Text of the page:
Right to Quiet Society Noiseletter
Fall 2015, page 4

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Hydroplane station in Strait of Georgia to monitor shipping noise and whales


By Larry Pynn, Vancouver Sun

Port Metro Vancouver and the University of Victoria's Ocean Networks Canada have deployed a hydrophone station in the inbound shipping lane in the Strait of Georgia to monitor marine mammals and vessel traffic noise.

Port Metro Vancouver has deployed the hydrophone with support from the University of Victoria's Ocean Networks Canada and JASCO Applied Sciences. The station joins a long list of similar instruments all along the B.C. coast that monitor the impact of increasing shipping on marine life, especially at-risk whales.

Carrie Brown, the port's manager of environmental programs, said Tuesday that the hydrophone is located south-west of the main arm of the Fraser River within port jurisdictional waters to capture the noise from inbound port traffic and BC Ferries. Ocean Networks Canada already has a subsea cable at the site.

The hope is to establish baseline information to track noise levels and to identify noise levels from specific ships. The results could lead to simple mitigation measures such as hull and propeller cleaning, shore-based financial incentives, and information for regulatory agencies and for naval architects to build quieter ships.

The hydrophone is part of the $1.5-million portled En-hancing Cetacean Habitat and Observation Program. Port Metro Vancouver is in the midst of a federal environmental review of the planned $2-billion Roberts Bank Terminal 2 container expansion project in South Delta and





has been criticized for not examining the environmental impact of a range of marine issues that extend well beyond the project's immediate footprint.

Duncan Wilson, vice-president of corporate social responsibility, said that while the port's position on that issue hasn't changed, the hydrophone program will offer a broad range of information on shipping impacts -- not just those of the port. He noted the port receives 3,000 vessels per year, compared with "tens of thousands of ferry trips, tugs and yachts and other vessels that are out there."

Endangered southern resident killer whales are thought to be at risk from factors such as vessel noise, pollution, harassment from whale watchers, and lack of chinook salmon. Shipping also increases the chances of whales being struck and killed at the water surface, evidenced by a dead fin whale on the bow of a cruise ship in Vancouver last May.

The planned new terminal at Roberts Bank would be located next to the existing Deltaport and Westshore Ter-minals and would provide an additional 2.4 million units of container capacity per year. In 2014, Port Metro Vancouver moved the equivalent of 2.9 million 20-foot container units.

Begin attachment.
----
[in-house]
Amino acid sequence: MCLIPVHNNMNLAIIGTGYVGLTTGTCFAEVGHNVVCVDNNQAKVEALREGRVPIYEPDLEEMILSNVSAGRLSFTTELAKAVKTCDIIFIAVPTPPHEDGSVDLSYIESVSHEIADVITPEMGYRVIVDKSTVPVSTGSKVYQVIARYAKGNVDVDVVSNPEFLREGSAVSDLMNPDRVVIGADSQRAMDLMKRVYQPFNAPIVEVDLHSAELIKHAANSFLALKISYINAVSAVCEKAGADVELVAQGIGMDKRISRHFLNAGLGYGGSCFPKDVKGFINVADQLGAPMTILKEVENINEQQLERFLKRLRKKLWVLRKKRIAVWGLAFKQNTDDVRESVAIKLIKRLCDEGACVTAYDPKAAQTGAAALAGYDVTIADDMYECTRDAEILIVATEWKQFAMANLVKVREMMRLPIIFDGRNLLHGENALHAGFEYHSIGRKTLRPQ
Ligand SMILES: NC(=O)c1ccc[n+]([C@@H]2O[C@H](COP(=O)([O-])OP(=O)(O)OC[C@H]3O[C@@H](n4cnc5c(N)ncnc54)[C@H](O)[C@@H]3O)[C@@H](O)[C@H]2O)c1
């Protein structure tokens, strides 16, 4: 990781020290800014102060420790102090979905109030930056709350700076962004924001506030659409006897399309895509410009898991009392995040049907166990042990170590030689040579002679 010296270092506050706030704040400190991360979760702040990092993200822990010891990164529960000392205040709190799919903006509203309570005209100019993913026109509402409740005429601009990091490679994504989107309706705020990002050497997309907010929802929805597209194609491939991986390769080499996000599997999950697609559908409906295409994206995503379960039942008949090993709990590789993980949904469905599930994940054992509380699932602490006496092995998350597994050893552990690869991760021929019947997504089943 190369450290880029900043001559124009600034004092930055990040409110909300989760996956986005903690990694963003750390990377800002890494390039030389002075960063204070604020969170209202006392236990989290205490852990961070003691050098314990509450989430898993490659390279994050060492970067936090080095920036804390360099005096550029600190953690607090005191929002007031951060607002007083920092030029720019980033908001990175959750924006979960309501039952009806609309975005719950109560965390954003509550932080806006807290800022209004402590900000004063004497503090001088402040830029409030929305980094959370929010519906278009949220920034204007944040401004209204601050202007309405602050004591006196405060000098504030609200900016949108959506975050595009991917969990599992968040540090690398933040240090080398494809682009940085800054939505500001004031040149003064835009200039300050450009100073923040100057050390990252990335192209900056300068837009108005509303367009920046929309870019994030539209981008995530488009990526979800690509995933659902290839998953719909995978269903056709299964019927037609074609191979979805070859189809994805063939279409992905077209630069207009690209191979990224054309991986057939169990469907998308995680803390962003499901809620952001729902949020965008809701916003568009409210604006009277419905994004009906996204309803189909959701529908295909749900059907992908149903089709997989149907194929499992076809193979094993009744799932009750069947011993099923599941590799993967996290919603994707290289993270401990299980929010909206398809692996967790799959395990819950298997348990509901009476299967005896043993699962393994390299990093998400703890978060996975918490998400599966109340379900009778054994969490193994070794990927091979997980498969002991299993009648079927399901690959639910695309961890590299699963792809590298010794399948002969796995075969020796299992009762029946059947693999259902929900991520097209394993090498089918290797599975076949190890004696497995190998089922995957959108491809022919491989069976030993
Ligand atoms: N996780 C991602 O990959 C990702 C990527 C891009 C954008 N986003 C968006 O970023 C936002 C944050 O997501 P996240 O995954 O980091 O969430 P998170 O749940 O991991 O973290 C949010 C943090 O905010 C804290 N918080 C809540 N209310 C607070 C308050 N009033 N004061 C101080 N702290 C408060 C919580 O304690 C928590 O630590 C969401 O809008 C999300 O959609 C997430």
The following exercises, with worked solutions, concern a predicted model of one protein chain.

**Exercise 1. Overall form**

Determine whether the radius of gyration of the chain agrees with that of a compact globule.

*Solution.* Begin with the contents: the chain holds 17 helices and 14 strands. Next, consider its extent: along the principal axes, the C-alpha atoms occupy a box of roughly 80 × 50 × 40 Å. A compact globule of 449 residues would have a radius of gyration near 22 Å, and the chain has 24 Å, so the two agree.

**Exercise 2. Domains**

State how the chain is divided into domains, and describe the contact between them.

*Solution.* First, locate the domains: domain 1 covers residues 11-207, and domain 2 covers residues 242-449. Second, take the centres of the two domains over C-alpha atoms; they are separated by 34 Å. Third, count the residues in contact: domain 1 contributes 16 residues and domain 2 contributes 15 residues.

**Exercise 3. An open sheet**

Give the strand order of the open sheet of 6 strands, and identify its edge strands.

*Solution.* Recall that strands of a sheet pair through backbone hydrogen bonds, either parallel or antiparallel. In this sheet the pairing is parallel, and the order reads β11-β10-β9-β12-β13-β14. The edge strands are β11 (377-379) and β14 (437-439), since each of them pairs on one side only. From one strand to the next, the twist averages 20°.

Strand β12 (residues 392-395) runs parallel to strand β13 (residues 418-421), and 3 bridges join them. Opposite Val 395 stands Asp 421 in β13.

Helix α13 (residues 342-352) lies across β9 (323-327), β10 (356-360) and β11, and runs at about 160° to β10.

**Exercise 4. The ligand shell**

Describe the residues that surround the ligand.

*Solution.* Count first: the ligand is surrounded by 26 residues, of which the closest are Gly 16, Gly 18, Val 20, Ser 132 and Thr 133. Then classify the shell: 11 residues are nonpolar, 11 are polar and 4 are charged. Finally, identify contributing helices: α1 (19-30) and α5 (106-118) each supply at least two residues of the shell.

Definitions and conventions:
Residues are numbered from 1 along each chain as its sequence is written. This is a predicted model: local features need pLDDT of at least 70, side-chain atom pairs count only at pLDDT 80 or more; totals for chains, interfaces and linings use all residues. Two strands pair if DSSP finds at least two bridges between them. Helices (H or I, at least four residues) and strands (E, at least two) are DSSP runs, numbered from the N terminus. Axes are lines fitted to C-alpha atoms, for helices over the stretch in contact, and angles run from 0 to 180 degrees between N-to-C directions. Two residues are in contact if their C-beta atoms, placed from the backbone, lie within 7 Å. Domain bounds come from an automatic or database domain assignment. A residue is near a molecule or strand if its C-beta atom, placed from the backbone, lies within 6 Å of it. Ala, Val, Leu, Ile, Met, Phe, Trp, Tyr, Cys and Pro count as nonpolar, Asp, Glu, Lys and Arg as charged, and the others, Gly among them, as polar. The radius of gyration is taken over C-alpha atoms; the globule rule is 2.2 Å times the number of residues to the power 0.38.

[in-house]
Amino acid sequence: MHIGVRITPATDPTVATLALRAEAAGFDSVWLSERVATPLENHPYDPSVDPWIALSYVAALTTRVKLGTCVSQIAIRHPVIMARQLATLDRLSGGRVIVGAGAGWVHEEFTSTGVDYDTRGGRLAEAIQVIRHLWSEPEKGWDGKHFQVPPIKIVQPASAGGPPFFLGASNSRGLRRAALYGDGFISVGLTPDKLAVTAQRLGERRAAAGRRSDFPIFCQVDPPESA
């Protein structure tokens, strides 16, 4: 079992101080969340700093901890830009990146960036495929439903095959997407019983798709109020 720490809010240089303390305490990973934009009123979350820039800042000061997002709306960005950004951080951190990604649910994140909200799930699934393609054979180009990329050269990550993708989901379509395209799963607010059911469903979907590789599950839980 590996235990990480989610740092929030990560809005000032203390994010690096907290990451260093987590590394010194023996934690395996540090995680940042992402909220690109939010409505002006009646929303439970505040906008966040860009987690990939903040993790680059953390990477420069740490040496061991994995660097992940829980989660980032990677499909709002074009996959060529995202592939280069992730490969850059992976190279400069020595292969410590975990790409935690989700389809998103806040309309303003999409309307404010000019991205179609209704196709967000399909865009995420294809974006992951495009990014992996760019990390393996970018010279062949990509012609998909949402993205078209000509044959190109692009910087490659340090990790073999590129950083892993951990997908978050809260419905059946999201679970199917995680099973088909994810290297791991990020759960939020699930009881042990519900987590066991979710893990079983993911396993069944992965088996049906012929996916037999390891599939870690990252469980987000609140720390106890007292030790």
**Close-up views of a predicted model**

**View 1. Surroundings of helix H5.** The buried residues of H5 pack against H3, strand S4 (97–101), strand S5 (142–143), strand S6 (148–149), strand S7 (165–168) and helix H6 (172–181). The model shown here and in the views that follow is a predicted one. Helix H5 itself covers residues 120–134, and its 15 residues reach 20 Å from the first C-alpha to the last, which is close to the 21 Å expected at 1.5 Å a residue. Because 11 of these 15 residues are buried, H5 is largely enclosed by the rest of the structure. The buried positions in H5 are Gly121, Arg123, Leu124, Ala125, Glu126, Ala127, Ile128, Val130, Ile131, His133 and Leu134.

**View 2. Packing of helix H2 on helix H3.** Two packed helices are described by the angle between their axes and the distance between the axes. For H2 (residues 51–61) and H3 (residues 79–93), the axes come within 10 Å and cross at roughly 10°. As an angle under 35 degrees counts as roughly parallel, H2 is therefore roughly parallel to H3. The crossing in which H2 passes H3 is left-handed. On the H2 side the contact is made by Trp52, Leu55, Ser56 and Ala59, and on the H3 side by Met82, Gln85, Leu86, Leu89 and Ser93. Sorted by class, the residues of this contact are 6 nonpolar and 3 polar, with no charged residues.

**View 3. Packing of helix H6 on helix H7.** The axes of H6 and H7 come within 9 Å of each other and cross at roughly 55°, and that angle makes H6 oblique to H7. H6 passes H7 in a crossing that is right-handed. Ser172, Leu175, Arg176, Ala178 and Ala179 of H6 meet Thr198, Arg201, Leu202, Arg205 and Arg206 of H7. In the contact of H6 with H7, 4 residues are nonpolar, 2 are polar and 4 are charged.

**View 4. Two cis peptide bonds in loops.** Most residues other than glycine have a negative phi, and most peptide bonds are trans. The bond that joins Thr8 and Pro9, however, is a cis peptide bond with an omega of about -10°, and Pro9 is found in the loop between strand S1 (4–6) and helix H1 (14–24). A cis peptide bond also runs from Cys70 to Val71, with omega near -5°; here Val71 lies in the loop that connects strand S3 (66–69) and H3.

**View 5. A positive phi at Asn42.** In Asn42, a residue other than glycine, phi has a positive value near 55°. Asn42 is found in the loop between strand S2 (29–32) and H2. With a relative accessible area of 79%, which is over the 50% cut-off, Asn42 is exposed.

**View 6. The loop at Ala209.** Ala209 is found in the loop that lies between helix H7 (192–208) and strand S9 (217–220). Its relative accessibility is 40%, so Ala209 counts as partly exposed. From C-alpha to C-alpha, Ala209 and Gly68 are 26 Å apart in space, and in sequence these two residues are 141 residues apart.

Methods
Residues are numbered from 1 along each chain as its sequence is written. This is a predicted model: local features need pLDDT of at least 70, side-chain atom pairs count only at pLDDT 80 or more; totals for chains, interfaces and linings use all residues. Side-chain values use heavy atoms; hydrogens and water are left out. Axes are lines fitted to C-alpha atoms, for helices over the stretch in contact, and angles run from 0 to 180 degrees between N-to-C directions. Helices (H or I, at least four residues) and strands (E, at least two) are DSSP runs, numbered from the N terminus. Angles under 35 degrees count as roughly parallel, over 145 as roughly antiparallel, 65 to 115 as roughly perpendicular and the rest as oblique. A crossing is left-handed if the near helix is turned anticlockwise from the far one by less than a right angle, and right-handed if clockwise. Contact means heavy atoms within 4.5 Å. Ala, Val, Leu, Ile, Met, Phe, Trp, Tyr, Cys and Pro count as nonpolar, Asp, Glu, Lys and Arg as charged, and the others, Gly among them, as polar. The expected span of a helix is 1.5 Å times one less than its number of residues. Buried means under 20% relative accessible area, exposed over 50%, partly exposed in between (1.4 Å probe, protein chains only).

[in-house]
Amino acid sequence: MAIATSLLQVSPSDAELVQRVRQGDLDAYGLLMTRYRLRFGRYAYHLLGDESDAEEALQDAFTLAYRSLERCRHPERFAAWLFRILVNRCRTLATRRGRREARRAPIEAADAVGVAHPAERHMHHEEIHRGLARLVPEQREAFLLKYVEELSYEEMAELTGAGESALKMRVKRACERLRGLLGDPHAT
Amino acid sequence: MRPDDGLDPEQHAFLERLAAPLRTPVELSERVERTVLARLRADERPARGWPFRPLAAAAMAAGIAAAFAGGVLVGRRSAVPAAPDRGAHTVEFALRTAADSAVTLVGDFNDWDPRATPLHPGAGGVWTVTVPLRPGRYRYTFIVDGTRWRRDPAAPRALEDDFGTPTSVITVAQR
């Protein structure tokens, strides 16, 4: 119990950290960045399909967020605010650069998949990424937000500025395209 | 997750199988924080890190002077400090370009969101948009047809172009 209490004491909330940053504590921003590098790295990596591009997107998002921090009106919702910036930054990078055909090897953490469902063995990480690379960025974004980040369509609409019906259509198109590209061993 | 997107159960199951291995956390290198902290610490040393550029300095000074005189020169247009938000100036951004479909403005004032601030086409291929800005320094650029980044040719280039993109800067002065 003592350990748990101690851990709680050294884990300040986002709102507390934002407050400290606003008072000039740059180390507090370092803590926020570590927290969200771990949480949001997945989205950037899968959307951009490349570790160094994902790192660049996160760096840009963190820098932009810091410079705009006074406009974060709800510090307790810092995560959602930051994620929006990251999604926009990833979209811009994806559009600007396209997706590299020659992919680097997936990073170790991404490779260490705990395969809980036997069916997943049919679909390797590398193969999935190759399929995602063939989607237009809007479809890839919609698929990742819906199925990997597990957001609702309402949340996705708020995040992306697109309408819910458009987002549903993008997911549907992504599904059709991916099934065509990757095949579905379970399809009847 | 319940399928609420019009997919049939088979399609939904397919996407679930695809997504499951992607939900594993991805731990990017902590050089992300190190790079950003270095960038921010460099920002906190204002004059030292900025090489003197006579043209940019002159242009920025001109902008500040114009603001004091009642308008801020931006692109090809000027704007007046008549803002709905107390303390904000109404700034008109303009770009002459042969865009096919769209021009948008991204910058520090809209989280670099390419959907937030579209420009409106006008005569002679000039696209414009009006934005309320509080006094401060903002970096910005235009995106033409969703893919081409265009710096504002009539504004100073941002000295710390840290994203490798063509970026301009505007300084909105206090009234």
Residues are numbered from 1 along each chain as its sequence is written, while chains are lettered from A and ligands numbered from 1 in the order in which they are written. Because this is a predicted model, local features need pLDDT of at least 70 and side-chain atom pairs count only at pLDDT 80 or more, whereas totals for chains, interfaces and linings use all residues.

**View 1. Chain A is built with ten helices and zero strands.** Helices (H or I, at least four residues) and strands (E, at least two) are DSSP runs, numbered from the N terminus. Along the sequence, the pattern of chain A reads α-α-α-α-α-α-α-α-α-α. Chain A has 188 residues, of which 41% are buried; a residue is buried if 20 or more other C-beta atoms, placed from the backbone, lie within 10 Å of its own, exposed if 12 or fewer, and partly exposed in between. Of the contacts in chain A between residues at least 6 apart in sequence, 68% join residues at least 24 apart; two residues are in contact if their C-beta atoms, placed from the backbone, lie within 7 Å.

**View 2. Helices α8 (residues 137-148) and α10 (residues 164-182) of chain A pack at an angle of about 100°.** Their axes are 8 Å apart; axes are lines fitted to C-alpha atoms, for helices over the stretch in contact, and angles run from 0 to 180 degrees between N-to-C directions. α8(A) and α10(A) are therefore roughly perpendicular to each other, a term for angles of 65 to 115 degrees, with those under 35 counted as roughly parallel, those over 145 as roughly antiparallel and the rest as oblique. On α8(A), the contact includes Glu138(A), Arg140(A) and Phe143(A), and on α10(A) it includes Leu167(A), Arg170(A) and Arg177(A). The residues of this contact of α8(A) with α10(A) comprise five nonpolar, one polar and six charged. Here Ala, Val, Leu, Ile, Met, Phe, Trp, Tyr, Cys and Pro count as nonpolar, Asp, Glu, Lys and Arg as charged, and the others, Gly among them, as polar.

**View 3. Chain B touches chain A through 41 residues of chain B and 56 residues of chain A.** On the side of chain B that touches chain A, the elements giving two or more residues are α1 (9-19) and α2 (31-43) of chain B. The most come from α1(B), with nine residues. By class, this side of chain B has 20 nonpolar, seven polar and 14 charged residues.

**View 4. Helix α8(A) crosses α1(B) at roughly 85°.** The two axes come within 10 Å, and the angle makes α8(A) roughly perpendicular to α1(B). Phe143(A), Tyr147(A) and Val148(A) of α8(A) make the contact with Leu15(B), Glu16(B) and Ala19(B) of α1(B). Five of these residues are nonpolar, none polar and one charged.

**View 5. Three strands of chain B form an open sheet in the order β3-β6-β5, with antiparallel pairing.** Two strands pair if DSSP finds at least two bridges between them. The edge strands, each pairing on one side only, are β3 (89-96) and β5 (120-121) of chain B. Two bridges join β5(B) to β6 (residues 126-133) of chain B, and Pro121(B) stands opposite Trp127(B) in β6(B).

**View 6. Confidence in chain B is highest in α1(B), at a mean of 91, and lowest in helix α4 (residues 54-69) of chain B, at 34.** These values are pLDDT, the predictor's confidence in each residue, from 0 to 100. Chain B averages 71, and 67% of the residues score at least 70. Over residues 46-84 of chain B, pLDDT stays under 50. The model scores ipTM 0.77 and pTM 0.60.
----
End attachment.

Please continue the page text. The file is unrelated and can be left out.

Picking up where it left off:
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Long-running war between the whales and the United States Navy is over


A federal judge approved a legal settlement that limits the use of sonar and other underwater explosives that can inadvertently harm whales and dolphins. For marine mammals, the ping of sonar or the muffled blast of underwater detonations can be deafening and even deadly.

The settlement ends litigation brought by environmental groups against the Navy over its use of sonar in important feeding grounds for whales off the Southern California coast near Santa Catalina, San Clemente, and San Nicolas Islands, as well as waters around Hawaii, including Maui, Molokai, and the Big Island.

"The settlement protects some of the most important are-as for marine mammals that are sensitive to sonar," said Miyoko Sakashita, oceans director for the Center for Biological Diversity, one of several groups involved in the litigation. "It's a great benefit to the whales and lets the Navy fulfill its training needs."

The whale too big for its own good

It's the first time the Navy has acknowledged that it is possible to protect marine mammal habitat without hindering its training regimen--abandoning its previous stance that putting limitations on sonar testing and exercises wasn't feasible, Earthjustice lead counsel David Henkin said.


"This sets a precedent for future approvals of Navy activities, not only here in Hawaii and Southern California, but everywhere the Navy conducts its activities," Henkin said in an email.

A 2013 Navy report estimated that over the subsequent five years (2014 through 2019), sonar testing, underwater detonations, missile launches, anti-submarine warfare, and ship strikes could kill up to 155 whales, dolphins, seals, and sea lions and permanently injure more than 2,000 animals. The Navy also estimated that 9 million in-cidents of marine mammal disturbances could alter feeding and breeding activities in the 120,000-square-mile Southern California testing zone.

Whales and dolphins defeat navy in high-stakes war games

The National Marine Fisheries Service approved the Navy's testing plans in 2013, finding the activities would have a "negligible impact" on marine mammals. But in April, a U.S. district court judge in Hawaii ruled that the agency violated environmental laws by approving the Navy's plan.


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